When the final votes are being counted in the Eurovision Song Contest (ESC) final in Oslo on the 29th of May, Norwegians will be watching nervously. Some will surely close their eyes or look away. Some might even start to pray. We’re desperate, see. We really don’t want to win again.
Norwegian broadcaster NRK decided in 2006 to copy the Swedish model for the national ESC-contest. The contest is now played out over several rounds, with smaller shows in cities across the country before a final in the capital. This has made the contest vastly more popular then it used to be – also among musicians. At the same time NRKs main Grand Prix-host, Per Sundnes, has been doing some serious networking. He has convinced artists that normally wouldn’t consider the ESC, to give it a try. This year, even one of Norway’s infamous black metal bands competed, giving definite proof that the Norwegian musical landscape has been changed almost to the unrecognisable (though I guess one could argue that the ESC is hell on earth, and therefore a perfect place for black metal).
When the fiddler Alexander Rybak won the international final last year, it seemed like the perfect ending to the Norwegian ESC-fairytale. But the problem was of course that it wasn’t an ending.
As soon as Rybak was declared winner on the 16th of May last year, Hans-Tore Bjerkaas, the head of NRK, started to worry about having to host the next final. How to pay for something like this? The solutions he has come up with have been highly unpopular.
Several planned TV-productions have been put on hold. Other shows and productions will be cut for periods of time. And, most dramatically, NRK decided to sell their rights to broadcast this summer’s World Cup in football, a move so unpopular that the Norwegian minister of culture seemed to long for a time where politicians could dictate what should be on TV.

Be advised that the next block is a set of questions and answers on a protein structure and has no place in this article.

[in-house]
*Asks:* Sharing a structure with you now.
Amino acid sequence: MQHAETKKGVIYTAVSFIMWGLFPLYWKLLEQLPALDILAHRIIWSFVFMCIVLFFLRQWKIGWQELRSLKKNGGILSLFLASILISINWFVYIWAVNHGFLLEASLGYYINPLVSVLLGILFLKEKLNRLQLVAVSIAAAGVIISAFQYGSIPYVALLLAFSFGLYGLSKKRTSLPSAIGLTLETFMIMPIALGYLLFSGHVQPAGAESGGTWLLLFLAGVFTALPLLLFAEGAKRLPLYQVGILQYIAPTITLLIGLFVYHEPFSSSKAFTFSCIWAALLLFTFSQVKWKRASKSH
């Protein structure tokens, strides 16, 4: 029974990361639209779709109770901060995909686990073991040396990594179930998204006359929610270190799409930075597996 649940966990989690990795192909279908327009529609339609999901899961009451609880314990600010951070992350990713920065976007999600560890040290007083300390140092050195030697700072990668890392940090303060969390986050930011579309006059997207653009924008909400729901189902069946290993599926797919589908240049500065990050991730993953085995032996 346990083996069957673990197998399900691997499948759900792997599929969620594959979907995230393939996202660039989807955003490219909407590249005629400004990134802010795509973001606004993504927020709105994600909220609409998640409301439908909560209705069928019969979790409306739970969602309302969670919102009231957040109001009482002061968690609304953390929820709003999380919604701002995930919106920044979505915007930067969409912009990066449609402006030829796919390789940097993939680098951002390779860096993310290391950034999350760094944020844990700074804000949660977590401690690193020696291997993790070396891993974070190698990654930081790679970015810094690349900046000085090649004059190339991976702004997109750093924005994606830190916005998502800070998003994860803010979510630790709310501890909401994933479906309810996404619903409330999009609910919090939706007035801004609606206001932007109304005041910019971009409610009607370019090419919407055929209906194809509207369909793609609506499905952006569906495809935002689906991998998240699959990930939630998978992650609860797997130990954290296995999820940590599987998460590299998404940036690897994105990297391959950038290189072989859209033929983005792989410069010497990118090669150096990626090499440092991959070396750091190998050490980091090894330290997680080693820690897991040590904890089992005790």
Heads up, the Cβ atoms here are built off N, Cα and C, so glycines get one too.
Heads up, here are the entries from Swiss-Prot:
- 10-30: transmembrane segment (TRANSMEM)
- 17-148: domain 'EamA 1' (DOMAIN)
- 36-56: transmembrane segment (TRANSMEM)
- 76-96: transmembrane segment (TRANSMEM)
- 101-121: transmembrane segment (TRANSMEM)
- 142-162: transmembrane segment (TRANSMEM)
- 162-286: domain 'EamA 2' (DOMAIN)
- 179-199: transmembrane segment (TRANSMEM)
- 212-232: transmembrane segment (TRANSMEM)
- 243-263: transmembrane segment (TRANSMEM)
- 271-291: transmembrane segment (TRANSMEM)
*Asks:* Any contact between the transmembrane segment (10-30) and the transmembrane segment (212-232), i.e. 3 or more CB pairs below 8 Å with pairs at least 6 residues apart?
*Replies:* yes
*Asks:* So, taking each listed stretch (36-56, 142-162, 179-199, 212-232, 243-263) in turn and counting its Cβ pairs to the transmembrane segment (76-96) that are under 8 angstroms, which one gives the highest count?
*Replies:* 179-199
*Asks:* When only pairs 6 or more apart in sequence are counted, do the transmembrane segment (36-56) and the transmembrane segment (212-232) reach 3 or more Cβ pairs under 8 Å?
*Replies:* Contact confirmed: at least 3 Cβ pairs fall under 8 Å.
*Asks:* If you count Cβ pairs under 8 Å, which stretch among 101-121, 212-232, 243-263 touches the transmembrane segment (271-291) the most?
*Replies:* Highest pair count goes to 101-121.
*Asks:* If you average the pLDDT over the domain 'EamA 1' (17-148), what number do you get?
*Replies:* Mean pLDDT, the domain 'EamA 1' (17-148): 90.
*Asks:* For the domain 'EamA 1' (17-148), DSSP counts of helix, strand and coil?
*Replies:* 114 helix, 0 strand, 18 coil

Knut Olav Åmås, culture editor in the newspaper Aftenposten, has written that the cost, estimated to be around 25 million Euro, is too high for what he defines as “a medium important international song contest with partly scandalously bad music and a string of weak performers”. According to a recent survey, more than 40 % of Norwegians agree that the cost is too high.
Luckily, our chances of winning again are slim. “My Heart is Yours”, sung by Didrik Solli-Tangen, appears too pompous even for ESC. It has been speculated, only half jokingly, that NRK rigged the national contest’s voting system to ensure that our entry this year would be something guaranteed not to win.
Norway has a unique ESC-record – we’re the only country to have gotten 0 points in four different finals. We wouldn’t be devastated if it happened again.